Ask Barbara

Writing can be a hard, lonely and dispiriting experience – so why not share your troubles with Barbara. Ask a question and get a candid answer.

Hi Barbara, I know I should be writing, but I’m curled up in bed watching true crime series’ on the TV, feeling depressed. What should I do?

“TV in Bed”

Oh, TV in bed,

As a fellow true crime enthusiast, I say keep doing what you’re doing! Seriously! We all need days off because life is hard. Take the day, feel your feelings, remind yourself you aren’t a serial killer (or are you) or a victim, pick yourself up, and write again tomorrow!

Whatever you do, don’t fall into other types of reality TV, though; that’s a hole you may never recover from.

I’m determined to be a successful author. My friends say I write well based on pages I’ve shared with them, and I’ve always been a good storyteller. My current book is nearly finished (probably 67,000 words about a young female German Jew living in London in in the 1960’s) and I’m not only super-determined to finish, I’m all in to make it a success!

Anyway, one reason I’m so motivated is that I want the money to get away from my awful, dreary, useless husband here in Akron Ohio. I want my best life! Champagne and black limos, fast cars and beaches. Cocktails at dawn watching the sun rise over the Caribbean. Just the basics!

But does this make me, morally speaking, a bad writer or a bad person?

“Cocktails at Dawn”

Dear Cocktails at Dawn,

You may have gone into the wrong industry for wanting to live the yacht life of luxury. Many authors struggle for several books before catching their wave, if they catch it at all. Have you considered becoming a sugar baby?

In all seriousness, write and publish that book for whatever motivation got you there! Maybe even start writing a book about a lady of leisure who left her deadbeat husband when she became a famous author. It’s all about manifesting our dreams!

You aren’t a bad person; keep dreaming, keep writing, and build your dream!

My husband is always talking about the book he’s writing, and this has been going on for over 2 years now. It was exciting to start with, thinking he might be a big success some day, but now it’s just boring. He always tells me how many words he wrote that day, and then some plot or character idea he has and I don’t really understand. The book he’s writing is about some kind of global catastrophe (I mean he could just turn on the TV for that, right?) and the struggle to survive afterwards.

How do I tell him (nicely) that I’m just not that interested?

“Lost Interest in Mad Max”

Dear LIMM,

Welcome to the life as the significant other of a writer. Unfortunately, this is your life now. Writing, especially the first book, is a Rollercoaster. Some days you’re a champion about to conquer the world and publish the next great piece of American literature, the next we are crying in the corner clutching a bottle of bourbon knowing we are meant to fail.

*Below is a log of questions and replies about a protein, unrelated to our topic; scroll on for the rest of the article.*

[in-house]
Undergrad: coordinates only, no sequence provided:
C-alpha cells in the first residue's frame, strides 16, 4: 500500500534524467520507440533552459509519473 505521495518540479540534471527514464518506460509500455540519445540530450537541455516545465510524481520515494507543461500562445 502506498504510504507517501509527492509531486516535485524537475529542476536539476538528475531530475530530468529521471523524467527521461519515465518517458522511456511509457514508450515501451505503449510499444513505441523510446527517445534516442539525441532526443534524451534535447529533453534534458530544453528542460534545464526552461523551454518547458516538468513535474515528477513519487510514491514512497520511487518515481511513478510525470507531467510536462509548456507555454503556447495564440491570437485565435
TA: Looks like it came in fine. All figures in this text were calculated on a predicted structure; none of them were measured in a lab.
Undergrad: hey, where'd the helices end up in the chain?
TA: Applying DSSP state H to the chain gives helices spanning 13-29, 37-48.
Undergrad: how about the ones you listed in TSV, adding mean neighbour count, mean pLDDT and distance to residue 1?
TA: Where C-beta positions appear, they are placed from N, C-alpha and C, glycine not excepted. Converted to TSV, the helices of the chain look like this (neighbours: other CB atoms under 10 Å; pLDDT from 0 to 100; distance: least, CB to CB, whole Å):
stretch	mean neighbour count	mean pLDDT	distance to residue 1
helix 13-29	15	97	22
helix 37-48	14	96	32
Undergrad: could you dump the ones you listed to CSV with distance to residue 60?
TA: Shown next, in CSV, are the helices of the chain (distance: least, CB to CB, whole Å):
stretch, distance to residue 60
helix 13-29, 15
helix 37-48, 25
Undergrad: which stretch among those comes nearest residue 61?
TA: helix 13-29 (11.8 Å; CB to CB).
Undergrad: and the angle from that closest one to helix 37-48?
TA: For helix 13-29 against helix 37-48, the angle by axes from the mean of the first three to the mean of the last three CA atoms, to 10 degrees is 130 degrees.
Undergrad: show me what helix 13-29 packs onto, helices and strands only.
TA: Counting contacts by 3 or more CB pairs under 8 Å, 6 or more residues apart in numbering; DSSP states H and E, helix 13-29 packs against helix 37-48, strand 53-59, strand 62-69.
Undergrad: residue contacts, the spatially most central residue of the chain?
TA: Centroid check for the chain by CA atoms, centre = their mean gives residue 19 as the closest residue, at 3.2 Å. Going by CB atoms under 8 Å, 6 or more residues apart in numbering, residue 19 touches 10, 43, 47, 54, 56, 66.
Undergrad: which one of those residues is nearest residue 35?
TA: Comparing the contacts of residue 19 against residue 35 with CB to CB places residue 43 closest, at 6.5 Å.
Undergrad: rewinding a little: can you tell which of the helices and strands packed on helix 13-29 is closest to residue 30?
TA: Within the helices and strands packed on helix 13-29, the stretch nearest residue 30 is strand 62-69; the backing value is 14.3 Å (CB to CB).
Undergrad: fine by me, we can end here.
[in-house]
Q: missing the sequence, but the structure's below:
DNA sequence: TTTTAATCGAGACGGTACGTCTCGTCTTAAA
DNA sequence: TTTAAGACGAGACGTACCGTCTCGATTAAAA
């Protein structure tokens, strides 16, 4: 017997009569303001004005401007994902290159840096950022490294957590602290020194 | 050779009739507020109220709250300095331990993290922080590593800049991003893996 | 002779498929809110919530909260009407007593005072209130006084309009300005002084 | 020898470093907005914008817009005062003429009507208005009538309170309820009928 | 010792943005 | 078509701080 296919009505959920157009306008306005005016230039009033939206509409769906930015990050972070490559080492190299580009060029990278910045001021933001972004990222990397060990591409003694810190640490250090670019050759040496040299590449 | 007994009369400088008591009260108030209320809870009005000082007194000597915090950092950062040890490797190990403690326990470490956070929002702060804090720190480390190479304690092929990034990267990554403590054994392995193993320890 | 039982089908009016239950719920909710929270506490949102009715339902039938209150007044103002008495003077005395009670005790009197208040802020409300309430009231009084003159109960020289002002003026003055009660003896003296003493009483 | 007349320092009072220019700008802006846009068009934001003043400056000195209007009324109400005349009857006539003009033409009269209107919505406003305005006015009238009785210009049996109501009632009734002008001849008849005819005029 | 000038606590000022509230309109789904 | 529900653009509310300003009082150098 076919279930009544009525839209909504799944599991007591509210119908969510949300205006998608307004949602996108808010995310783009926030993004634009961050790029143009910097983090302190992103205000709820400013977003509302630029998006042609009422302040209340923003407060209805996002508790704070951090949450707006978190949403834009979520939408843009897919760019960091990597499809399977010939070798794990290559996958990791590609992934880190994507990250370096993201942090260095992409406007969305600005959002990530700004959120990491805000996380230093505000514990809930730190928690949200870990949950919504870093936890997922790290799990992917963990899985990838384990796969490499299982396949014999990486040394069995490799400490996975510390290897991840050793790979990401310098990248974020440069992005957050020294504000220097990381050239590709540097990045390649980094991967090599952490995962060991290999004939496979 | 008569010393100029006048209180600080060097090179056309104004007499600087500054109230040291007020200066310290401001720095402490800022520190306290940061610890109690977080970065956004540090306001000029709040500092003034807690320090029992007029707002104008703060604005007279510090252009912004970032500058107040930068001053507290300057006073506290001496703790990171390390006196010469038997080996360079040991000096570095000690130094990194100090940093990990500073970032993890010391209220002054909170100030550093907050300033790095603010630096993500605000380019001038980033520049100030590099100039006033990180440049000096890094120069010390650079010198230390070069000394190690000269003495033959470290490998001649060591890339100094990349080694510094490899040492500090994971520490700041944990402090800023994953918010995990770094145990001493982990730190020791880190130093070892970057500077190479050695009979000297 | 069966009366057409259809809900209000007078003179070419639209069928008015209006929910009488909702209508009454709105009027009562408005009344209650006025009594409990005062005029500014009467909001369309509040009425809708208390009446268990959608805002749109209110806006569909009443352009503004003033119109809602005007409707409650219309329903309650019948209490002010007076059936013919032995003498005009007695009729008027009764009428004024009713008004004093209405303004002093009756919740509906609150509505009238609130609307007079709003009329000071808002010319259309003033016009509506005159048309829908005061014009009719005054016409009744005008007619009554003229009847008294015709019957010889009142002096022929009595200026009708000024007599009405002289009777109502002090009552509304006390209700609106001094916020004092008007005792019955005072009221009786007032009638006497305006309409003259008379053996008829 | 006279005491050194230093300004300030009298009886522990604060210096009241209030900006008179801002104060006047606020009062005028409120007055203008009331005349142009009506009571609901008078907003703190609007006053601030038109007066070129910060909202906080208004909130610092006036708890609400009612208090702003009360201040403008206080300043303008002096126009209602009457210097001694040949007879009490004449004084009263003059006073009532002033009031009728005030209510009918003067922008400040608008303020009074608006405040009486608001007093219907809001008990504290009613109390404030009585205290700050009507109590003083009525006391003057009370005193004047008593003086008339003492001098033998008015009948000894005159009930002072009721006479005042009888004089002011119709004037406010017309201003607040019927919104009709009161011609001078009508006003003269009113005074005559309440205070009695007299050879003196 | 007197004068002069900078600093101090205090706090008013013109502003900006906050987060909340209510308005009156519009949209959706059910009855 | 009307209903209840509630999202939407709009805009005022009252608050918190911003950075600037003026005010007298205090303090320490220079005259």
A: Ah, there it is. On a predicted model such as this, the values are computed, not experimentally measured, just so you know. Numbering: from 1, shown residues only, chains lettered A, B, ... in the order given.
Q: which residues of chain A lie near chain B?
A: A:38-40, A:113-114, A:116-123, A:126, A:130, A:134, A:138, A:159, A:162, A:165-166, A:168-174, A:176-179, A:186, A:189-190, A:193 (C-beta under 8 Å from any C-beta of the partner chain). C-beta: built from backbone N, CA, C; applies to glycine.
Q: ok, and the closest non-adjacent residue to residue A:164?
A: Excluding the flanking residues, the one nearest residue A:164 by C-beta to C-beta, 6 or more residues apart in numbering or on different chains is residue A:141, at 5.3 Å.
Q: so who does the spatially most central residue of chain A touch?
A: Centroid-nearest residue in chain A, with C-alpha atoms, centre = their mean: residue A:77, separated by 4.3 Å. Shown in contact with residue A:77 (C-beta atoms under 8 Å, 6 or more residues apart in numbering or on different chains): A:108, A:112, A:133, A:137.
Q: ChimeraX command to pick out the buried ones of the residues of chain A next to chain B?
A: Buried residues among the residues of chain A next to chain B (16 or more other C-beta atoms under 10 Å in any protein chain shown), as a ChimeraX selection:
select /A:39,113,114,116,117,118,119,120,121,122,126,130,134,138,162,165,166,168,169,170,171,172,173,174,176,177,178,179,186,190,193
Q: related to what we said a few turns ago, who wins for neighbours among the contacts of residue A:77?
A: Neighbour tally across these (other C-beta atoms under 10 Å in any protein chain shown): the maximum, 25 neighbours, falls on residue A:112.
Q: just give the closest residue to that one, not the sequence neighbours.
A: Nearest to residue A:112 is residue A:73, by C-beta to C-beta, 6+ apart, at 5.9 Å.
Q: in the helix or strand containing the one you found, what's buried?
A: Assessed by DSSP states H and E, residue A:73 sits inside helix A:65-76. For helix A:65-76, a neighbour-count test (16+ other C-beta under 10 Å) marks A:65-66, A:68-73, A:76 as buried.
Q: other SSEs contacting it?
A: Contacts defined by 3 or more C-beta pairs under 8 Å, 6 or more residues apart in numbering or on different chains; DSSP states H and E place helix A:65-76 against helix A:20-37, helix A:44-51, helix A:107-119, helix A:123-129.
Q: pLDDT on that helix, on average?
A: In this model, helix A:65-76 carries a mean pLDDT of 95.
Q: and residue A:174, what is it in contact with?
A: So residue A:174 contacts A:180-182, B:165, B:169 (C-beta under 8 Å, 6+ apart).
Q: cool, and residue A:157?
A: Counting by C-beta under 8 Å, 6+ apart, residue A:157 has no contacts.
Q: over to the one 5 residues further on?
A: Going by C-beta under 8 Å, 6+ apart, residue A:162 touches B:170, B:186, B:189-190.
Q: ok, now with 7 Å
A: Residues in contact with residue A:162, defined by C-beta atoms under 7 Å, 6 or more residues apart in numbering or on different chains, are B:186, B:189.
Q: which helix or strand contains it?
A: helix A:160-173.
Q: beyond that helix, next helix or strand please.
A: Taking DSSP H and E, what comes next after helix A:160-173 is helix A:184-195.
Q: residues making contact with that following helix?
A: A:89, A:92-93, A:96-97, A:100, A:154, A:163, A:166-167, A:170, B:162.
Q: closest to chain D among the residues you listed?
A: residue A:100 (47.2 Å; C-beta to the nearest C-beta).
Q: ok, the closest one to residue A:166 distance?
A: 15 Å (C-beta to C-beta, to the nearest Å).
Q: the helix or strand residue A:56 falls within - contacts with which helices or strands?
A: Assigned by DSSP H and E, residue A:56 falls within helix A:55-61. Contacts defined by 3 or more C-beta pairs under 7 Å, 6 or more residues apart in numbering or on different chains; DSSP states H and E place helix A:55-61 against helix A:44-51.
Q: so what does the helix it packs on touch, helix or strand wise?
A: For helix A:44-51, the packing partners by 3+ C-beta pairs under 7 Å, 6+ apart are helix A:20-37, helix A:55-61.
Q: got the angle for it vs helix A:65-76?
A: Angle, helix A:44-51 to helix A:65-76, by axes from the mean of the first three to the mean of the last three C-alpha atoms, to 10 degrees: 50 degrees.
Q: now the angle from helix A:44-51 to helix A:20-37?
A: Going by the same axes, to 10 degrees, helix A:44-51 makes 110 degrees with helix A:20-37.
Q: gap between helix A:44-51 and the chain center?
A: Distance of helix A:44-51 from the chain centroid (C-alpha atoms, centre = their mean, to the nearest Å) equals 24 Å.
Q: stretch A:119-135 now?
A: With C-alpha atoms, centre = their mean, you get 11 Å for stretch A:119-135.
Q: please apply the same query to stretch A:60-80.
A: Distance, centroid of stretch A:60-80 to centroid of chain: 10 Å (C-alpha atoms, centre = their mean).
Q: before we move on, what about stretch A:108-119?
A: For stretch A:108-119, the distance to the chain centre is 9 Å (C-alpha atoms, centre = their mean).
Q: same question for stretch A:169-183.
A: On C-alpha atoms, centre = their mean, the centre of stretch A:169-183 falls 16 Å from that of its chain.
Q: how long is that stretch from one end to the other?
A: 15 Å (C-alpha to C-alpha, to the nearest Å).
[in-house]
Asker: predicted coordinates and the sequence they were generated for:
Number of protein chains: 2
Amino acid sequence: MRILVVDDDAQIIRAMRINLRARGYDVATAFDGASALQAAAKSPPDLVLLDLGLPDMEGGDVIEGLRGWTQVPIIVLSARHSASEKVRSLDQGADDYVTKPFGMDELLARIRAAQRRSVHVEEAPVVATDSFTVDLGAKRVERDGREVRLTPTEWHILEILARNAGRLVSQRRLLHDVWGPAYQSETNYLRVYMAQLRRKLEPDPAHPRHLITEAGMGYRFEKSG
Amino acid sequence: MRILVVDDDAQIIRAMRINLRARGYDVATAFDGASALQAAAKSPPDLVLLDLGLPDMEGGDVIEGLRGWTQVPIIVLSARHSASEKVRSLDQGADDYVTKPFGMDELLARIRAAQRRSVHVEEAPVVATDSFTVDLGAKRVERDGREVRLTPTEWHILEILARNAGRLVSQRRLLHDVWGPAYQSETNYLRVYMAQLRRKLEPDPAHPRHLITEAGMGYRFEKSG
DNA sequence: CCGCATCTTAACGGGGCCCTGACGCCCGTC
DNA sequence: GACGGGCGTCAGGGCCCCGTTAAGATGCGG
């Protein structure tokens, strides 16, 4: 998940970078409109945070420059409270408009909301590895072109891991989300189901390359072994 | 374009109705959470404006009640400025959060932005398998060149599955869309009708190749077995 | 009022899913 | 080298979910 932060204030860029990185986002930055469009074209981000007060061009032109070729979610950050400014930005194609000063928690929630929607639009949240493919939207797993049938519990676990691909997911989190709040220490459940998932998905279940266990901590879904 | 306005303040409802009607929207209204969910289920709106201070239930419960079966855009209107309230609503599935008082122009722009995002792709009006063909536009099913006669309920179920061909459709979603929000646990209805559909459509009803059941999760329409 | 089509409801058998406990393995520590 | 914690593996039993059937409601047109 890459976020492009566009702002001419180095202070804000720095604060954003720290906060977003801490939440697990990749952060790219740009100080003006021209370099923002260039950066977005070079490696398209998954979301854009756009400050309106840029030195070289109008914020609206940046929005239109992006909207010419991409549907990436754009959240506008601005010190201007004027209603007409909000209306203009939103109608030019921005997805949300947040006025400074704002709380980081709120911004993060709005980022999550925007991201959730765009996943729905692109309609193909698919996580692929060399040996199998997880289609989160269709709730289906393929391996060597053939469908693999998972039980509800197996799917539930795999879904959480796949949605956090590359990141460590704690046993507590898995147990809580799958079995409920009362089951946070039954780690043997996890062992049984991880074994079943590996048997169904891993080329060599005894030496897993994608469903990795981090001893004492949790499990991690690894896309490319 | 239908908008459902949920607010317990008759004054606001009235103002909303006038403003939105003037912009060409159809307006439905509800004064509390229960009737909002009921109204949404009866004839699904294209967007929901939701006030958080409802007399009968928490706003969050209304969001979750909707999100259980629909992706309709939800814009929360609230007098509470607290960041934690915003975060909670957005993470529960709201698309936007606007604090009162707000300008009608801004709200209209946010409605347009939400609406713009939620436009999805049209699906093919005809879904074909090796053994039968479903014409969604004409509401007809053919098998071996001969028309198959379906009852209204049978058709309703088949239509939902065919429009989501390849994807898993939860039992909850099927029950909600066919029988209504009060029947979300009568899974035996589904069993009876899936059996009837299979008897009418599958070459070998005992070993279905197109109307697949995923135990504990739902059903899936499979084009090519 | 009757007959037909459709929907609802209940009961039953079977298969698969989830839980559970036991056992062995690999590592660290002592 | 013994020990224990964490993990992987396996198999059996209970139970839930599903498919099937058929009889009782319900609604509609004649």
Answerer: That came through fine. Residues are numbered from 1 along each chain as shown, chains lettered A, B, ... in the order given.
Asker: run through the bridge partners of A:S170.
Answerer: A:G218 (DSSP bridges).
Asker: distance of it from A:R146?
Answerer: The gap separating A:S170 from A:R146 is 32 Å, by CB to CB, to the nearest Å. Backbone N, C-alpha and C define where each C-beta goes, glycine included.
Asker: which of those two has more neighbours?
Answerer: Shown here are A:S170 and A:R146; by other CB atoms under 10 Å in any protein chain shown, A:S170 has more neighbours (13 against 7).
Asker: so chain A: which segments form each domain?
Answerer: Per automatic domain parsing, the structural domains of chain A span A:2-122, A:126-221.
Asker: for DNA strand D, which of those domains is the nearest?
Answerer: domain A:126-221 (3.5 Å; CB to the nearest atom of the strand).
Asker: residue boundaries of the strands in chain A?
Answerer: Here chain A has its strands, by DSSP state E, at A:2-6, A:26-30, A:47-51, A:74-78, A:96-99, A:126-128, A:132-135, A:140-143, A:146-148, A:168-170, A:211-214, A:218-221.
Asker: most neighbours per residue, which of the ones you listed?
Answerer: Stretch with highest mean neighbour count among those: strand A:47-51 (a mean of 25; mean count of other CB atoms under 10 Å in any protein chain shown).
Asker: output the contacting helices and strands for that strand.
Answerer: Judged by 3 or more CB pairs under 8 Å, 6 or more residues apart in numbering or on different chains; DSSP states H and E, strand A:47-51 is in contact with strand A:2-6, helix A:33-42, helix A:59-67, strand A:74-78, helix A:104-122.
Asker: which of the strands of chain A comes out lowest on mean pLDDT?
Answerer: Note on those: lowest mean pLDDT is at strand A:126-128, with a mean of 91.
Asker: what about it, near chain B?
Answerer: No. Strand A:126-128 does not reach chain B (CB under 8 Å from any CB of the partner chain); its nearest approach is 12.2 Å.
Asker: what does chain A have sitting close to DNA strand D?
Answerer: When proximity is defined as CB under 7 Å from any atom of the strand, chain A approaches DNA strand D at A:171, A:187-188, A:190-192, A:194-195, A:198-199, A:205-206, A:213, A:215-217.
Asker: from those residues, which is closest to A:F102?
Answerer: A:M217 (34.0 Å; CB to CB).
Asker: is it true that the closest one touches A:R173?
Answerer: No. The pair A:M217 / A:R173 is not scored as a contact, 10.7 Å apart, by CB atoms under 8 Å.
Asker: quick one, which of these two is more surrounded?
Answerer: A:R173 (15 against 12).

You have to decide if you love him enough to be along for the ride. Weigh your pros and cons much like you would an intervention. If he is still thriving in life, going to work and loving you, is it truly that bad? Give him a pat on the back and nod and smile like he does when you talk about your hobbies. If he’s gone F. Scott Fitgerald and is drinking in his office and stealing your diary…. well still hold on because look where he got in literary history.

With my most polite smile and nod,
Barbara

I’ve been writing since I was 18 (I’m 26 now) and my book is called ‘Crash Landing.’ I’ve written 45,000 words. I’m liking this more than any other of the books I’ve tried, failed, succeeded in finishing. It’s about a young woman like me (her name is Cassie) running away from horrible parents/school/friends to live in DC (which is where I now work in a not for profit). It’s a little like that ‘Inventing Anna’ show on Netflix.

Problem is Cassie finds a boyfriend in DC (Chase) and my real-world boyfriend (I’ll call him Steve) is either going to think I want someone like Chase who is much more extrovert and fun and hot (there are sex scenes) than he is. Or Steve will think I based Chase on him, which would also be super-awkward. And Chase dumps Cassie too.

Steve has been asking to read what I’ve written. Lots of times. I keep saying it’s a draft but, you know, I have to show him sometime. What do I do?

“Fictional vs Real Boyfriends”

Dear FVRB,

Let’s start with the obvious question, did you write it using him as a model? Or is it written about a fantasy guy? If either are the case, I recommend being honest with him. “Hey honey, I started writing this when I was 18, this was what I thought was hot back then. You are my reality now and you are who I want” or “Honey? Of course the best parts of this character were based on you. I love you and want to immortalize you in this project. However, I had to make some changes for the character to work with the plot line”

We all get inspired by people we’ve known or met in our lives, this is pretty standard. The key is making sure it’s not complete plagiarism of who they are as a person; hints but never exact replicas unless it’s a biography or non-fiction.

As a writer you want to be with someone who supports your craft and understands the nuances. If he’s upset about it, he may not be your person for this path. Best of luck to holding on to him and your book!

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